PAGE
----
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What skyrocketing debt?

By Alan Austin - posted Friday, 16 August 2013

There are three pervasive myths in Australia regarding debt. The first is that it is an indicator of sound financial management. It isn't.

The second is that Australia has a debt problem. It hasn't.

The third is that Australia weathered the global financial crisis (GFC) because it had no debt at the outset. Not true.

Let's look at the evidence. First proposition first.


Tony Abbott decries Australia's "skyrocketing debt". Rupert Murdoch's tame economists condemn the "spiralling debt". Economists and observers abroad regard these attacks as just bizarre.

To buy a house, most families find it strategic to borrow. Small businesses, farms and large corporations use overdraughts to operate efficiently. States and nations benefit greatly from borrowings. Generally, the higher the mortgage, the greater the long-term gain. Provided, of course, repayments are manageable and funds are put to productive use.

So what has Australia got to show for its recent increased borrowings? Well, at the micro level, new roads, railways, energy and water infrastructure, improved school facilities, insulation, social housing, defence housing and other public assets. At the macro level, the strongest economy in the world – and virtually guaranteed to stay that way.

That's measured by income, growth, jobs, inflation, interest rates, taxes, productivity, savings, terms of trade, credit ratings and other variables.

Second, the proposition that Australia has a debt problem is just laughable abroad. Australia's net borrowings – money borrowed minus money lent out – is currently 11.6% of annual income, as measured by gross domestic product (GDP).

Of the 35 advanced economies on the International Monetary Fund (IMF) database, only five rich nations with a fraction of Australia's population now have lower net debt to GDP – Denmark, Estonia, Finland, Norway and Sweden.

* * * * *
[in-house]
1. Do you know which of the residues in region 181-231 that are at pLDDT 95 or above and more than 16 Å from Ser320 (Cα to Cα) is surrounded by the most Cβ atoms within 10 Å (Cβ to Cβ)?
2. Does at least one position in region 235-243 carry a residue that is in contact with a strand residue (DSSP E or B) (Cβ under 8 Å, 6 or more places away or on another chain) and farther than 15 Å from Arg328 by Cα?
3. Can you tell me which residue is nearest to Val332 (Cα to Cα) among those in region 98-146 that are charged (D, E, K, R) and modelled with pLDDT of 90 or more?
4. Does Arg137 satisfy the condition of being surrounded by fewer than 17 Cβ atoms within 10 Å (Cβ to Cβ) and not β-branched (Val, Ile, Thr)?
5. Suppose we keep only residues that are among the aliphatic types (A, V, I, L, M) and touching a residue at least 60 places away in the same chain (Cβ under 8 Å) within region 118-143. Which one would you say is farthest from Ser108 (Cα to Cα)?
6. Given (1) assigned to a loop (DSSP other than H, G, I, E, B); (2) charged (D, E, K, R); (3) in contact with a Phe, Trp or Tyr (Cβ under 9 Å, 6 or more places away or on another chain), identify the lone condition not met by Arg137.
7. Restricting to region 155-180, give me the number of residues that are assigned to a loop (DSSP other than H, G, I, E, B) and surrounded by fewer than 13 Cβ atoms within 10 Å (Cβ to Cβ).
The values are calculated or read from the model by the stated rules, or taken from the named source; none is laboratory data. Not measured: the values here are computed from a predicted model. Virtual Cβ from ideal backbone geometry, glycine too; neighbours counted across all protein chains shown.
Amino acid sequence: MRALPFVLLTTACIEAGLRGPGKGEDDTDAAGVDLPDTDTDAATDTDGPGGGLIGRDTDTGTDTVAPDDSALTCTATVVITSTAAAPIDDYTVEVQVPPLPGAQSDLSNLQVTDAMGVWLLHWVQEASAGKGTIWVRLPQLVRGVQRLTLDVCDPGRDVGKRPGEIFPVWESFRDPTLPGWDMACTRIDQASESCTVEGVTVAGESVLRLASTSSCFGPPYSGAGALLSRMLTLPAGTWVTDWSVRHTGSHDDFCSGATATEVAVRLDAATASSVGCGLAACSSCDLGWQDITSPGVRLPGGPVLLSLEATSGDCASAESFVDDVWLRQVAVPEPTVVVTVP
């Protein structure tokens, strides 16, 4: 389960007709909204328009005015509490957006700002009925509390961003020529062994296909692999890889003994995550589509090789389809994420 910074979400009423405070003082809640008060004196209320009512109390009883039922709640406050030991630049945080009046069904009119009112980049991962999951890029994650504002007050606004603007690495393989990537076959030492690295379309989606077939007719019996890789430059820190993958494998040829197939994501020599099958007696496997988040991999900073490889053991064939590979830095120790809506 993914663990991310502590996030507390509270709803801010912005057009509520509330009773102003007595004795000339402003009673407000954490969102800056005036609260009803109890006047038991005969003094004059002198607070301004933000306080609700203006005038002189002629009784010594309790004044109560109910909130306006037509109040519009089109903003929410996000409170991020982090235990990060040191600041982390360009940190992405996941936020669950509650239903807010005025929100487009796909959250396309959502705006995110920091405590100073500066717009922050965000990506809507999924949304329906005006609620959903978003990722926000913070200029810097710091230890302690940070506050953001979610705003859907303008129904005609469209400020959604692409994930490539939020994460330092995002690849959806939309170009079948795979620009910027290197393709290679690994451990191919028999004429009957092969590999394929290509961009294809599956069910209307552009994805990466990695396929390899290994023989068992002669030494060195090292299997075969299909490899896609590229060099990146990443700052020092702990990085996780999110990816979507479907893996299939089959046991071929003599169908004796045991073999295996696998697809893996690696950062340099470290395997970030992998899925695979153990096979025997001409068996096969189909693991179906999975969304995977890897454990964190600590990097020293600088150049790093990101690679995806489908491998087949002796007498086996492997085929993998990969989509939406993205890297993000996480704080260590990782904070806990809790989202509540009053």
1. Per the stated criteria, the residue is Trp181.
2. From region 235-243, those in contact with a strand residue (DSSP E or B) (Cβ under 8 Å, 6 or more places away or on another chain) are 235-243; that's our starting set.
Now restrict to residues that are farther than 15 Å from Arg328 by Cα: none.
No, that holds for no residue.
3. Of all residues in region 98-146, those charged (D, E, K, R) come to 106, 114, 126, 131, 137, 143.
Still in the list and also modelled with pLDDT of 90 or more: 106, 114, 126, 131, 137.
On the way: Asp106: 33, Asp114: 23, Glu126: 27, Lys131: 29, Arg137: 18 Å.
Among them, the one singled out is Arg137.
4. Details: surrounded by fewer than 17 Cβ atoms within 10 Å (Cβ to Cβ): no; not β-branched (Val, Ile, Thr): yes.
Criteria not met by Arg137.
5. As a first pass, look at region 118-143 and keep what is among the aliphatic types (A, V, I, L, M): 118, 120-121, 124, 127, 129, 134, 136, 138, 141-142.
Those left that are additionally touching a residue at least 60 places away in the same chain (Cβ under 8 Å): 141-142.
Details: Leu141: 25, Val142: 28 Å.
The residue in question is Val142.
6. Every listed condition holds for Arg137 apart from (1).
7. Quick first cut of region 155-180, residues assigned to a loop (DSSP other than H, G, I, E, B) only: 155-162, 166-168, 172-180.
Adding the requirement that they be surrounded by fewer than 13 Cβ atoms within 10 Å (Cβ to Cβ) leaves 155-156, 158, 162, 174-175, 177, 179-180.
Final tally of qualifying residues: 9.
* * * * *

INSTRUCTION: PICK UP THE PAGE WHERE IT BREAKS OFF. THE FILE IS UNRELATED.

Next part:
Several are now above 70%, including Belgium, France, Israel, the UK and the USA. Ireland and Portugal are above 100%. Japan is above 130%.

In historic terms, 11.6% net and 20.7% gross are unremarkable. Australia has exceeded 50% gross three times in the last 100 years and went above 100% during World War II.

Unlike most nations, Australia's debt is declining and set to decline further. Only ten wealthy nations reduced gross debt to GDP last year. Australia's 2.2% reduction was only bettered by Iceland and Norway.

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About the Author

Alan Austin is an Australian freelance journalist currently based in Nīmes in the South of France. His special interests are overseas development, Indigenous affairs and the interface between the religious communities and secular government. As a freelance writer, Alan has worked for many media outlets over the years and been published in most Australian newspapers. He worked for eight years with ABC Radio and Television’s religious broadcasts unit and seven years with World Vision. His most recent part-time appointment was with the Uniting Church magazine Crosslight.

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